"My odds are stacked
I'll go back to black" -- Amy Winehouse
Investing in real estate can be addictive. I've had that needle in my arm since 1978. It's a problem I try to manage by writing about great companies.
In many types of investing, the odds are often stacked in favor of Blackstone Group (NYSE:BX). When the investing roulette wheel spins every day at the opening bell, I think smart money often bets on "black." So if Blackstone is selling shares of Brixmor Property Group (NYSE:BRX), a supermarket-anchored retail portfolio, should you buy the IPO?
The smartest guys in the room
Blackstone has the balance sheet to hold investments until they become profitable. They have a portfolio of global real estate assets, with a keen grasp of when to buy and when to sell. So, why should retail investors buy when Blackstone is selling?
Blackstone President Tony James recently shared "collective knowledge gives us a knowledge advantage, and makes us better investors." James couldn't be more upbeat on the company's recent conference call. He acknowledged that just because it is realizing gains on some real estate assets, it doesn't signal "that we are somehow calling a market top in real estate."
During the past nine months, Blackstone committed $8.4 billion to purchase equity in real estate, "almost twice the level of dispositions."
Blackstone is still a net buyer of real estate with the philosophy of "Buy it, fix it, sell it." It will retain an ownership stake north of 70% in this spin-off of its retail portfolio. During the conference call, James made it clear that "you can't look at IPO's for us as exits." He described it as "more of an appetizer than the main meal." The company's strategy is to realize gains over the coming few years.
It currently has more than $69 billion of real estate assets under management. So reducing leverage and increasing liquidity in the shopping center portfolio by selling $825 million in equity is just part of business as usual.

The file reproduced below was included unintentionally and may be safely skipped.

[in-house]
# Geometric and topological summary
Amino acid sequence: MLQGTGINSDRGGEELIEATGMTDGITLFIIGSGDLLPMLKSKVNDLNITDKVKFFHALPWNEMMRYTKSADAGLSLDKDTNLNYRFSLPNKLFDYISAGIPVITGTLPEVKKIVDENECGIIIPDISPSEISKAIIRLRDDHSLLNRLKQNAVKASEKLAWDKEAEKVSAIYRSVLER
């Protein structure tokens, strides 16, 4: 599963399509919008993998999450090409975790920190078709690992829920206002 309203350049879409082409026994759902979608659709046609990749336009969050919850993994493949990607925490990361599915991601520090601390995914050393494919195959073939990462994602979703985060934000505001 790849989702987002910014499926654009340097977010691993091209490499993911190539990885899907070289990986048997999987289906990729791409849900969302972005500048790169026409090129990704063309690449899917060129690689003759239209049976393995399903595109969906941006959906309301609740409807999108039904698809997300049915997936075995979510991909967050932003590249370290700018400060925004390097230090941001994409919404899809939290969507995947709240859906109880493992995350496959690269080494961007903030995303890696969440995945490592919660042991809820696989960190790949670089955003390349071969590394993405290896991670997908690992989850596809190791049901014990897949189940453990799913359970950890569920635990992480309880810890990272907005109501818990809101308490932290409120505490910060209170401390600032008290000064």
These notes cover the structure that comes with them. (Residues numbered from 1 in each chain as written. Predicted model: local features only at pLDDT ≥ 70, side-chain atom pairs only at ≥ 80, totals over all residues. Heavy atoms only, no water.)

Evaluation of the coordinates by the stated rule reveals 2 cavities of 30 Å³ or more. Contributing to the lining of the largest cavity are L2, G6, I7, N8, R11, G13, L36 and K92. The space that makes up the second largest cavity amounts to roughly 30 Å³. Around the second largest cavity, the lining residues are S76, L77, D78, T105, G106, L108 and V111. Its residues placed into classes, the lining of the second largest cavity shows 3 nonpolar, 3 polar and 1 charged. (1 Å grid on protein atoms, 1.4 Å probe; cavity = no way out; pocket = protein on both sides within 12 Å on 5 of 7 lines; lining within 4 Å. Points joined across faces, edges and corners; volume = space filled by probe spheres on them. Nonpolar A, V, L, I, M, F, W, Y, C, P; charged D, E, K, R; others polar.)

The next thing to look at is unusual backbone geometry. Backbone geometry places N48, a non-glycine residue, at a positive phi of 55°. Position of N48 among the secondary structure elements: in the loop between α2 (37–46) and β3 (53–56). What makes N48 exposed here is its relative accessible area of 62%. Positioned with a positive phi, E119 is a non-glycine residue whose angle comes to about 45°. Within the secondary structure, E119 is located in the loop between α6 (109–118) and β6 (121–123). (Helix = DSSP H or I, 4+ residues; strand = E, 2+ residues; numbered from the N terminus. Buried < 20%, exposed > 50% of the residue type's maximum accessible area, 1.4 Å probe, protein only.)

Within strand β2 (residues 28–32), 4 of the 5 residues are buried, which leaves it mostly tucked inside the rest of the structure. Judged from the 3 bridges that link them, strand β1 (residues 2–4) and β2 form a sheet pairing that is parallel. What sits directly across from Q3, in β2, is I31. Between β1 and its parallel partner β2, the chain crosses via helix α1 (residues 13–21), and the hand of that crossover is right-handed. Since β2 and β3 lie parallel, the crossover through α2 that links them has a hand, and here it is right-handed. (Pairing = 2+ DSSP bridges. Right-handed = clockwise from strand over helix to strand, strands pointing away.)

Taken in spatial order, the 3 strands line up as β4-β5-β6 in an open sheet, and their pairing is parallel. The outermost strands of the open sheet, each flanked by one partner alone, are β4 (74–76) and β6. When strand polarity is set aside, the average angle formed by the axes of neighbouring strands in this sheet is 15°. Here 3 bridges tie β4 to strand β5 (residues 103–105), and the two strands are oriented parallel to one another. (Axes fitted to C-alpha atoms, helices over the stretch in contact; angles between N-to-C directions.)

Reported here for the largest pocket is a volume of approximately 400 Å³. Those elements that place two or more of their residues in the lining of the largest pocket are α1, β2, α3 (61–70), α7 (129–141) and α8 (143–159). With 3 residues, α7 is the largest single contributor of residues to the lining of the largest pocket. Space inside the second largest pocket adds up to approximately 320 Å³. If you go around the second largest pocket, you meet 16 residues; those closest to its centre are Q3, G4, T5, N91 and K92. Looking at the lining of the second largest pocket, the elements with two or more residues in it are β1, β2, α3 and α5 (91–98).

Blackstone has filed with the SEC plans to spin off interests in Extended Stay America and Hilton Hotels in the near future. Other near-term Blackstone IPO candidates include IndCor (industrial and warehouse properties) as well as Invitation Homes, the largest single-family for-rent company in the U.S. -- currently with 40,000 homes.
A Bloomberg article recently pointed out that:
When the commercial property market peaked in 2007, Blackstone sold Extended Stay to Lightstone Group LLC for $8 billion. After the credit crisis hit, Lightstone couldn't refinance Extended Stay's debt and the company filed for bankruptcy protection in 2009.
The following year, Blackstone joined New York-based Centerbridge, a lender who had worked to restructure Extended Stay debt, and Paulson, the hedge fund firm led by billionaire John Paulson, to buy back the hotel chain at a bankruptcy auction for about $3.9 billion.
Centerbridge also is a shareholder of Brixmor Property Group, the shopping-center REIT that Blackstone took public earlier this week.
So what about Brixmor?
The Brixmor IPO portfolio consists of 522 shopping centers totaling 87 million square feet of gross leasable area, or GLA, spread out over 38 states. Large tenants include Kroger, TJX Companies, Publix, and Wal-Mart -- with more than 70% of the centers grocery-anchored. The overall portfolio contains about 9,200 leases with the top 10 tenants accounting for only 18% of the average base rent, or ABR. Brixmor appears to be well diversified geographically and does not have a high concentration of leases with any single tenant.
Brixmor highlighted these positive trends in an amended S-11 filed:
- Increased occupancy for 10 consecutive quarters on a year-over-year basis to 91.7% as of June 30, 2013
- Increased total ABR for 23 consecutive months through June 2013
- Executed 1,599 new leases for approximately 8.4 million sq. ft. of GLA
- Achieved positive new and renewal lease spreads over each of the past 10 quarters, including 21% and 7%, respectively, in the six months ended June 30, 2013
There is actually a lot of good news to share about Brixmor. Just because Blackstone is spinning this business off, it doesn't mean long-term investors should be terrified.
Bill Stoller has no position in any stocks mentioned, and neither does The Motley Fool. Try any of our Foolish newsletter services free for 30 days. We Fools may not all hold the same opinions, but we all believe that considering a diverse range of insights makes us better investors. The Motley Fool has a disclosure policy.